Travis Rayne Pickering

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CRAFT Research Center, 419 N. Indiana Avenue, Indiana University, Bloomington, IN, 47405, USA Department of Anthropology, Southern Connecticut State University, 501 Crescent Street, New Haven, CT 06515-1355, USA Department of Geosciences, University of Arizona, Tucson, AZ, 85721, USA Berkeley Geochronology Center, 2455 Ridge Road, Berkeley, CA 94709, USA(More)
Newly recorded archaeological sites at Gona (Afar, Ethiopia) preserve both stone tools and faunal remains. These sites have also yielded the largest sample of cutmarked bones known from the time interval 2.58-2.1 million years ago (Ma). Most of the cutmarks on the Gona fauna possess obvious macroscopic (e.g., deep V-shaped cross-sections) and microscopic(More)
We report compositional data for several foods that comprise the annual diet among Hadza foragers near Lake Eyasi in northern Tanzania. Samples collected during daily gathering trips over three "eldwork seasons were prepared according to Hadza methods. All three types of honey show moisture and starch levels similar to United States' honeys but higher(More)
The reconstructed taphonomic and paleoenvironmental contexts of a ca. 4 million-year-old partial hominid skeleton (Stw 573) from Sterkfontein Member 2 are described through presentation of the results of our analyses of the mammalian faunal assemblage associated stratigraphically with the hominid. The assemblage is dominated by cercopithecoids (Parapapio(More)
a r t i c l e i n f o The world's first archaeological traces from 2.6 million years ago (Ma) at Gona, in Ethiopia, include sharp-edged cutting tools and cut-marked animal bones, which indicate consumption of skeletal muscle by early hominin butchers. From that point, evidence of hominin meat-eating becomes increasingly more common throughout the(More)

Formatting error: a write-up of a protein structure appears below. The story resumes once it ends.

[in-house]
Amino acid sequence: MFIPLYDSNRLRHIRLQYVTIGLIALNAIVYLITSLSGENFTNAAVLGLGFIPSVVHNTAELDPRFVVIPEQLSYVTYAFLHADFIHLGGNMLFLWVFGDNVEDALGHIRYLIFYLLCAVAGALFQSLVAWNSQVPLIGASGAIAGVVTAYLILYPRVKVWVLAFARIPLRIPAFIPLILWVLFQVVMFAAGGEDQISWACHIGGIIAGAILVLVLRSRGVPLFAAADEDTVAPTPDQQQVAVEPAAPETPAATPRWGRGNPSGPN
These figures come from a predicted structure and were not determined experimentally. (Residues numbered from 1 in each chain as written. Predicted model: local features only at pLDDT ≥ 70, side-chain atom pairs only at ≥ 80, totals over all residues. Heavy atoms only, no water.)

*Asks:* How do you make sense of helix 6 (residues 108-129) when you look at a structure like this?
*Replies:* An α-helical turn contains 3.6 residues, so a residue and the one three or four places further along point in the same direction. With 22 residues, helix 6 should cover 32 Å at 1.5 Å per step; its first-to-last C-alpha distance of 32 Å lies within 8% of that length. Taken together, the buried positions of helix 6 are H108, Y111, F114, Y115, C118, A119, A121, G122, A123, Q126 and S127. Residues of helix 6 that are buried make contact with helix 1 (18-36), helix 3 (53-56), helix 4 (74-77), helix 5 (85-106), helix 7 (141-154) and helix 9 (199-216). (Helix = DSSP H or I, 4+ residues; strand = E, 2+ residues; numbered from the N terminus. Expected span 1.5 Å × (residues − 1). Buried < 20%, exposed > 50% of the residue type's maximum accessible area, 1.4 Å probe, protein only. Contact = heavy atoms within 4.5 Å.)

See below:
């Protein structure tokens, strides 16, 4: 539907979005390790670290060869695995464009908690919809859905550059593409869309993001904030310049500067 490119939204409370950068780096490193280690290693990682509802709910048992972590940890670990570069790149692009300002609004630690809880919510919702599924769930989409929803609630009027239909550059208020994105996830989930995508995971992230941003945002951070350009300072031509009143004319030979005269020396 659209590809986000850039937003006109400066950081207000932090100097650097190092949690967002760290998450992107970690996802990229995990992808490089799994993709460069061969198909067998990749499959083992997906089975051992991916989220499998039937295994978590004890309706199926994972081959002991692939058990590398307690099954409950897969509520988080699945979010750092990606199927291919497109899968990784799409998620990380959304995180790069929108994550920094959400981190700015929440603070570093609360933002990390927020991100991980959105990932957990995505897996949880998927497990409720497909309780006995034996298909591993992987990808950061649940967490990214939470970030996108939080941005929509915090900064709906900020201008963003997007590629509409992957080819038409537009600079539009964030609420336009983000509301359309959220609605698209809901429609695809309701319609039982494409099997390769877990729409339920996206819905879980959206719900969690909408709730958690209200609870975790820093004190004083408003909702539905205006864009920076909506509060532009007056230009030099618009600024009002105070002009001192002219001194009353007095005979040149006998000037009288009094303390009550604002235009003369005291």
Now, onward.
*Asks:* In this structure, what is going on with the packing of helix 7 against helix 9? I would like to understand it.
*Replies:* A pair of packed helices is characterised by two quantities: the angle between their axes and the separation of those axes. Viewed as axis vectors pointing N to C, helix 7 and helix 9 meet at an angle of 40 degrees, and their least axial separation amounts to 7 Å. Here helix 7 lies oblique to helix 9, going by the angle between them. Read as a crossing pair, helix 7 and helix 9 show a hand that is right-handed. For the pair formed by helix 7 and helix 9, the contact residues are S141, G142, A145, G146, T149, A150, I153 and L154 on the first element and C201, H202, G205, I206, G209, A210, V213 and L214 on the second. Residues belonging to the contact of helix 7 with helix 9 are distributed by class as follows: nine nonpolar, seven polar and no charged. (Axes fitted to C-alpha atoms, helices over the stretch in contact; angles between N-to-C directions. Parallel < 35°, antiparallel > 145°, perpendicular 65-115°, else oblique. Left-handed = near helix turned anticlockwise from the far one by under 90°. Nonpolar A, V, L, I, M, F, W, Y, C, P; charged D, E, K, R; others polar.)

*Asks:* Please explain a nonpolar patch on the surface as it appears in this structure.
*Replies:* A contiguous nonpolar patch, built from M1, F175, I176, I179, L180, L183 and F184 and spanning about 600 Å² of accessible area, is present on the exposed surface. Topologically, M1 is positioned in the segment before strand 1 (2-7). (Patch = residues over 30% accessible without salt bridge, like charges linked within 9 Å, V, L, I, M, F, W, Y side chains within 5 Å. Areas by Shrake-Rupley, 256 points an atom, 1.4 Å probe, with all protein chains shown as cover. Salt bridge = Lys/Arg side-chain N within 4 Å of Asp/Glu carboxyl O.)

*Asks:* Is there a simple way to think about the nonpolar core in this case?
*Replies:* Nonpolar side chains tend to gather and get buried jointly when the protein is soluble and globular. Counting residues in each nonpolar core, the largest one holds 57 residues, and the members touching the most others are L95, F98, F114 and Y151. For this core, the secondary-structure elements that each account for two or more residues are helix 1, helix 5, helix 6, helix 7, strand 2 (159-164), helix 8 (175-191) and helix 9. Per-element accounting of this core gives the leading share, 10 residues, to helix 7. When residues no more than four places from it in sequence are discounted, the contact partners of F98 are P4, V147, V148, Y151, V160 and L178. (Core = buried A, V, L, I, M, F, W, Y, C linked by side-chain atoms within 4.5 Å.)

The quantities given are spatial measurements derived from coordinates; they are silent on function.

The announcement of two approximately 3.4-million-y-old purportedly butchered fossil bones from the Dikika paleoanthropological research area (Lower Awash Valley, Ethiopia) could profoundly alter our understanding of human evolution. Butchering damage on the Dikika bones would imply that tool-assisted meat-eating began approximately 800,000 y before(More)
New taphonomic data on the Sterkfontein Member 4 (South Africa) fossil hominid assemblage are presented. The previous estimate of hominid individuals represented in the deposit (45) is increased to 87. New minimum numbers of hominid skeletal elements are provided, and incidences of bone surface damage inflicted by prehistoric biological agents are(More)
Modern humans are characterized by specialized hand morphology that is associated with advanced manipulative skills. Thus, there is important debate in paleoanthropology about the possible cause-effect relationship of this modern human-like (MHL) hand anatomy, its associated grips and the invention and use of stone tools by early hominins. Here we describe(More)
The ca. 1.0 myr old fauna from Swartkrans Member 3 (South Africa) preserves abundant indication of carnivore activity in the form of tooth marks (including pits) on many bone surfaces. This direct paleontological evidence is used to test a recent suggestion that leopards, regardless of prey body size, may have been almost solely responsible for the(More)
Recent excavations in Level 4 at BK (Bed II, Olduvai Gorge, Tanzania) have yielded nine hominin teeth, a distal humerus fragment, a proximal radius with much of its shaft, a femur shaft, and a tibia shaft fragment (cataloged collectively as OH 80). Those elements identified more specifically than to simply Hominidae gen. et sp. indet are attributed to(More)